Vibrational directions of direct shear waves from a number of small local earthquakes in southern California, recorded at Pasadena and Riverside, are determined and related to corresponding faulting at the source. A theoretical relationship between wave vibrational directions and fault displacements is proposed. Directions of SV and SH motions from various fault types are adduced from this relationship. Observations of initial shear wave motions indicate generally consistent SH displacements, usually less consistent SV displacements, and ratios of SV/SH which usually vary widely. Polarization of SH waves is indicated; that of SV wave, suggested. The entire shear wave is probably approximately plane-polarized.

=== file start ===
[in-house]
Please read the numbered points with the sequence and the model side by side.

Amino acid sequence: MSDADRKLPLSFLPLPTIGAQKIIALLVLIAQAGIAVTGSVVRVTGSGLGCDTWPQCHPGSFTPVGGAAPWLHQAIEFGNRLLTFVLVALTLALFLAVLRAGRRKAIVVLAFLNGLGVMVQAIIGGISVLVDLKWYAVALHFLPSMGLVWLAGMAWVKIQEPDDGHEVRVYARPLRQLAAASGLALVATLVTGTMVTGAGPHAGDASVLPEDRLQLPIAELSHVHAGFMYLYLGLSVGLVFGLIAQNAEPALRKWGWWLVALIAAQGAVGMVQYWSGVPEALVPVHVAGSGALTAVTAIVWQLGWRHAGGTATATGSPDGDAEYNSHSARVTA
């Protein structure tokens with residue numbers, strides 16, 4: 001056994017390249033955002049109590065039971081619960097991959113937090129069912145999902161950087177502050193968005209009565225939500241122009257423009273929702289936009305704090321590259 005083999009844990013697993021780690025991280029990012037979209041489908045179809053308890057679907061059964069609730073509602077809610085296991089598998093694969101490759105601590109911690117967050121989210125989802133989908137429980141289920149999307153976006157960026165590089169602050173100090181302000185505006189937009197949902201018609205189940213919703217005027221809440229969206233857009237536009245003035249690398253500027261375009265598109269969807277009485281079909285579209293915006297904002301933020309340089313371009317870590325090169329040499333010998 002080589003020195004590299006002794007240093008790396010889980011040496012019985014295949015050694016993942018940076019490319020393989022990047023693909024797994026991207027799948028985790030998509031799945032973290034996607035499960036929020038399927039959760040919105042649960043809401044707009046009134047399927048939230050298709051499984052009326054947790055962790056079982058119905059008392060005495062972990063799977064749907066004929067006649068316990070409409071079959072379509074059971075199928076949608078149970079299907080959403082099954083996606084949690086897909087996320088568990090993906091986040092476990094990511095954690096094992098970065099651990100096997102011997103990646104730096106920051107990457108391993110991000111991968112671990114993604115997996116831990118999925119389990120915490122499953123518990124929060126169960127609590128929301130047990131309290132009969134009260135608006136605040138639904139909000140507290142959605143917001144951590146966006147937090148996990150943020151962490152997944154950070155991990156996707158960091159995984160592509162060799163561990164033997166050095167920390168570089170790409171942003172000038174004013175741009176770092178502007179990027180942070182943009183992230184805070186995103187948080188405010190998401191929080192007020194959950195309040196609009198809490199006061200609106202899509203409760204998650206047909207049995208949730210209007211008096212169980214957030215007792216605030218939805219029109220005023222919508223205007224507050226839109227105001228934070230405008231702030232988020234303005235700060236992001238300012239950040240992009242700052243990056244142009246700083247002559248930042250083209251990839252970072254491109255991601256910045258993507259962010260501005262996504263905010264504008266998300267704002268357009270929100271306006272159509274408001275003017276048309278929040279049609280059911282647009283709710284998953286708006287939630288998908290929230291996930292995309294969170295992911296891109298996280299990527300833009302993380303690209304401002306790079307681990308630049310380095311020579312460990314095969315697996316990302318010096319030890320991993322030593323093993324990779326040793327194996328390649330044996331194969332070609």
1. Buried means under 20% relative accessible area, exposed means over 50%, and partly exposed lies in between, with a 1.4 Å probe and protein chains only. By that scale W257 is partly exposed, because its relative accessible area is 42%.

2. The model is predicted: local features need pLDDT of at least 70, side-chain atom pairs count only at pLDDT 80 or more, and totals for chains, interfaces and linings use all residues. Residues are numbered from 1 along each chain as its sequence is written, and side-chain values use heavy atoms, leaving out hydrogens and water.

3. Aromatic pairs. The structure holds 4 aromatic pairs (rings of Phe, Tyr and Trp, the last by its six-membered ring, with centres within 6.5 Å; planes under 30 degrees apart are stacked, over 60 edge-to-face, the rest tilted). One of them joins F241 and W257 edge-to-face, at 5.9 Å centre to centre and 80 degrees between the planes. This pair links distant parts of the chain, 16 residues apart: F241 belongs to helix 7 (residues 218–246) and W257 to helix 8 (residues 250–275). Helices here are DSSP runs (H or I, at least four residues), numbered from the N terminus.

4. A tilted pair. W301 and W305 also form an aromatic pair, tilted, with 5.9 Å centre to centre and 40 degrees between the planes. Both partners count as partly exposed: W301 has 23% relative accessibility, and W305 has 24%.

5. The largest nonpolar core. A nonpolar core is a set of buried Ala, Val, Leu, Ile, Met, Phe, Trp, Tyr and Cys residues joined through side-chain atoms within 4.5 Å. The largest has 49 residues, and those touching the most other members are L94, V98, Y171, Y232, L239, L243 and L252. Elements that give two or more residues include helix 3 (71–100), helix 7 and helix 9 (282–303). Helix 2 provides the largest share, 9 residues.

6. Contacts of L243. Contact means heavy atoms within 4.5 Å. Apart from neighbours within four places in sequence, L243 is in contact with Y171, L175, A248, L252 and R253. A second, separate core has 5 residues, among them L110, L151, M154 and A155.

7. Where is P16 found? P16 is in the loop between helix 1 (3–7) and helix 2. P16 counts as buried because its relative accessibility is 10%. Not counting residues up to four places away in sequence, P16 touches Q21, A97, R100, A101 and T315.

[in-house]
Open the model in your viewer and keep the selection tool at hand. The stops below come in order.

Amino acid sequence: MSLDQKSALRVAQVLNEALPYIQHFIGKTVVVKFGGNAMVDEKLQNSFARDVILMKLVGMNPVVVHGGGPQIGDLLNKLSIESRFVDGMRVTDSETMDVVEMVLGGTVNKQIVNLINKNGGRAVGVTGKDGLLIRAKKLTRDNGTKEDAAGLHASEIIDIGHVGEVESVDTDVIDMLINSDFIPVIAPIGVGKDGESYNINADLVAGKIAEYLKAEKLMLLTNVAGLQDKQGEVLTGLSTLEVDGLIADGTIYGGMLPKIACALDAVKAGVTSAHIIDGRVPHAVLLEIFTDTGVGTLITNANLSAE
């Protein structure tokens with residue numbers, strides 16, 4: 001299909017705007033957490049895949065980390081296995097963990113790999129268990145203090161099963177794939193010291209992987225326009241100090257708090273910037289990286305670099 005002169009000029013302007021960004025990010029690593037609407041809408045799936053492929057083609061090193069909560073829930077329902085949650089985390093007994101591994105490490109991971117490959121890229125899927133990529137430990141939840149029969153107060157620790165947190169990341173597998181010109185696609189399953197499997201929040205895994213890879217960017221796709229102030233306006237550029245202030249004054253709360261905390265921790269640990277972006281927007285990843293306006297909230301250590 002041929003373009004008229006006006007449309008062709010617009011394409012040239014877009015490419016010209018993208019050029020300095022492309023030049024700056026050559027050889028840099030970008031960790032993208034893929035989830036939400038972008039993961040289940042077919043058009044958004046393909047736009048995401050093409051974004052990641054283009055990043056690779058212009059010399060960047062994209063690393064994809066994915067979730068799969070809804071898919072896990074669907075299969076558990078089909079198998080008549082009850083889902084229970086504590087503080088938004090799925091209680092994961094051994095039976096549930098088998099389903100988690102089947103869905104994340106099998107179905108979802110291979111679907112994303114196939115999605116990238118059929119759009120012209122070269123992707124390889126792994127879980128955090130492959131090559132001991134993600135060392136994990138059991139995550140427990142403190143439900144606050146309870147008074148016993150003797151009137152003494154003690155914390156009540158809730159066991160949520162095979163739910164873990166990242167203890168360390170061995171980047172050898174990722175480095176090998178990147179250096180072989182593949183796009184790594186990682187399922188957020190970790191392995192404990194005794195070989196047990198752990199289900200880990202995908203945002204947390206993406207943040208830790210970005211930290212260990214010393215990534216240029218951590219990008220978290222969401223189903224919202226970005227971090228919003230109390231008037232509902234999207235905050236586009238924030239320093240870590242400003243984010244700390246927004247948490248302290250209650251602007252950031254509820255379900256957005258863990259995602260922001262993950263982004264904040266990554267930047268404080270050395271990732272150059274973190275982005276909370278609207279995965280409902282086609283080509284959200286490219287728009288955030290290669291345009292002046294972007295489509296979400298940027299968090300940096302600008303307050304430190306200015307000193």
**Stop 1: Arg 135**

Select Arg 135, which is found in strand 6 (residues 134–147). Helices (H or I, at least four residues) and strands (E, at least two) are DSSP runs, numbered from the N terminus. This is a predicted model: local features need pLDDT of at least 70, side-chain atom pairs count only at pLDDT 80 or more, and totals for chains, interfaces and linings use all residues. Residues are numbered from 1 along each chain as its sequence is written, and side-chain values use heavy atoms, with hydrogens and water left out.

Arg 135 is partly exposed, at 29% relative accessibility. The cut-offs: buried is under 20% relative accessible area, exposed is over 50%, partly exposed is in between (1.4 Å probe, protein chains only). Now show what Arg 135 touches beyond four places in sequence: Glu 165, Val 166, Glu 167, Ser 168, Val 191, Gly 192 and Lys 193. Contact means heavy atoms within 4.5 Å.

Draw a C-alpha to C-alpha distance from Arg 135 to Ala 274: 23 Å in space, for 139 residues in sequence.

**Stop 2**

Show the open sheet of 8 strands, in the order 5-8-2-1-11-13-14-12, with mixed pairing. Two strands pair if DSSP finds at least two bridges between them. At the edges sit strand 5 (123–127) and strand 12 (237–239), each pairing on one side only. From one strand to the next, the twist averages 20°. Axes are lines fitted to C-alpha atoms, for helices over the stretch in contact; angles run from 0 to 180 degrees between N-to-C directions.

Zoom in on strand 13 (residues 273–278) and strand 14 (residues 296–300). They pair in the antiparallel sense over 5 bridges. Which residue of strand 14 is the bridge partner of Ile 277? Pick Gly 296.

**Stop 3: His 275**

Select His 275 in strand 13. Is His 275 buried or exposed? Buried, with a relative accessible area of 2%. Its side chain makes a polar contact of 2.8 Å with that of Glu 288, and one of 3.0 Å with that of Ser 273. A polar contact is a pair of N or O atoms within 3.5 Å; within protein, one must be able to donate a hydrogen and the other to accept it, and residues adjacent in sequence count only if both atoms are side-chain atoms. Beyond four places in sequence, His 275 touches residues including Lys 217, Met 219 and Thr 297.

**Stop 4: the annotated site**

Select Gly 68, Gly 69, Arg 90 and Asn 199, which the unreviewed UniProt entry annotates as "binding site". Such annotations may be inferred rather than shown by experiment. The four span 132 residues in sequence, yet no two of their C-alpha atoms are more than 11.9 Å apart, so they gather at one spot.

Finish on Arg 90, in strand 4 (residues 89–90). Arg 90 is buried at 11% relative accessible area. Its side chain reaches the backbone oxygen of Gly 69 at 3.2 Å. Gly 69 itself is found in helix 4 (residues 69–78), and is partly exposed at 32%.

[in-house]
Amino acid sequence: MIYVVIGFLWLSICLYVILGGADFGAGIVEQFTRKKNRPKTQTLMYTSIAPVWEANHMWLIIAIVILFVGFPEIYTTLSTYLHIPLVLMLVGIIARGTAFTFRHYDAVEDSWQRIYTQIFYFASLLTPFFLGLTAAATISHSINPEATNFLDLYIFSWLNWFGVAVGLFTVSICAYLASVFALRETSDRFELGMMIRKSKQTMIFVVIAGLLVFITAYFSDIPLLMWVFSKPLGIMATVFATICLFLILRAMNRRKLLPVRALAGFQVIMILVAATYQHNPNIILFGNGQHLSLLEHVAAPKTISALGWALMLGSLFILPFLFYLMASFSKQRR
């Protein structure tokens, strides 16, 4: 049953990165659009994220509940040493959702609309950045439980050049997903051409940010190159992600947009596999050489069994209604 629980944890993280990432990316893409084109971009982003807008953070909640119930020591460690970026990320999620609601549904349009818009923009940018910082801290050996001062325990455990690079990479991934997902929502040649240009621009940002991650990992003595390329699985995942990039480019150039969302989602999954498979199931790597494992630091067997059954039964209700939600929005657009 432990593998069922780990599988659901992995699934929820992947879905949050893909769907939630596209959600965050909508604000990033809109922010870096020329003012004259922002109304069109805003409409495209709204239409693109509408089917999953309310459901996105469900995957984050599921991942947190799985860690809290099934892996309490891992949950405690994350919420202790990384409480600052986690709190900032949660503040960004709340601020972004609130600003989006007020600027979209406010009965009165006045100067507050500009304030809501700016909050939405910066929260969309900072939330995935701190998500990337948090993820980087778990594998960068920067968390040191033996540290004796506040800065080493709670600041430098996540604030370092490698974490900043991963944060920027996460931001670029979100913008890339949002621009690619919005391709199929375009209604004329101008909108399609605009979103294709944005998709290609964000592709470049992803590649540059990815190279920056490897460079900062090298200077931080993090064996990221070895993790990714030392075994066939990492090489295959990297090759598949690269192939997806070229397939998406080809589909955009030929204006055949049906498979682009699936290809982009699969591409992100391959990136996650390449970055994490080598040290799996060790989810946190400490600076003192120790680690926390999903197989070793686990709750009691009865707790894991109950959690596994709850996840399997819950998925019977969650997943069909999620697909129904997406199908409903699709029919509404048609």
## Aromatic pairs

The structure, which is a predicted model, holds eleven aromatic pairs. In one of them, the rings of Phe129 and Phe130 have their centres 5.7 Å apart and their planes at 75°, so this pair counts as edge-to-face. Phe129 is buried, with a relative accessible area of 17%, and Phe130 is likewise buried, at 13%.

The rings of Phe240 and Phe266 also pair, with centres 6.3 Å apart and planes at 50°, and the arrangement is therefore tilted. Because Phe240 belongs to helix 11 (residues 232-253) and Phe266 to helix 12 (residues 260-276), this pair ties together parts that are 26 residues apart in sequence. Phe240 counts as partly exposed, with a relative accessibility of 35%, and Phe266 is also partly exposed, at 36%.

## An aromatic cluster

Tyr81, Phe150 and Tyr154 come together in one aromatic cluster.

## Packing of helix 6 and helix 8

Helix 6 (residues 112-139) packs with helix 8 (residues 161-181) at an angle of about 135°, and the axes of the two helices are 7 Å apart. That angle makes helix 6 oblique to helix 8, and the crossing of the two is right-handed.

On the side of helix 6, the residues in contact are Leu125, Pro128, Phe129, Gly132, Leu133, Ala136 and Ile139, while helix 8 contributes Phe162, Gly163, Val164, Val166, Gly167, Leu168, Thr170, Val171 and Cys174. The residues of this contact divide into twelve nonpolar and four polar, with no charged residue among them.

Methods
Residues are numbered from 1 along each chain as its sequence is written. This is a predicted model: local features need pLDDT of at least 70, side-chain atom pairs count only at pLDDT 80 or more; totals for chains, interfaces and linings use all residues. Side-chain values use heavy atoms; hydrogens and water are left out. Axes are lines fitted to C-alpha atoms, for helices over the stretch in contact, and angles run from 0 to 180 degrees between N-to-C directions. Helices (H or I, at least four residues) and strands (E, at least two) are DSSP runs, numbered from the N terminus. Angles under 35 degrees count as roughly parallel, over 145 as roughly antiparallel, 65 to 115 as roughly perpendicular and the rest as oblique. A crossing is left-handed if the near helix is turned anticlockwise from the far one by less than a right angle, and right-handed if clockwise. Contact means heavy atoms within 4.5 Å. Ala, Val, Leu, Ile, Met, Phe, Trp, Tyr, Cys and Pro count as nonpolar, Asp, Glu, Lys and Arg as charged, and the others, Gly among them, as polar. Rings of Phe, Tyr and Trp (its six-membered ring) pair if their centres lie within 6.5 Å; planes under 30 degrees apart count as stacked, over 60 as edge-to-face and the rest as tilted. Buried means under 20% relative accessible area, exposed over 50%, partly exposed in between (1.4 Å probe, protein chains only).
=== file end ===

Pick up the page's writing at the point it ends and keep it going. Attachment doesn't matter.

The results of this study indicate that horizontal components of faulting in southern California usually follow the same general direction, whereas vertical fault components appear to vary in direction. Comparison of observed SV and SH motions with (1) theoretical shear motions and (2) Gutenberg's (1941) observations of compressional wave impulses, provides analysis of faulting at the source. Seismic data and regional surface geology indicate a fault pattern involving, primarily, northwesterly-trending right-handed transcurrent faults in some parts of southern California, approximately east-west-trending reverse or thrust faults in other parts, and the coexistence of the two in a few localities.
Simplified stress distributions in agreement with the data are discussed briefly.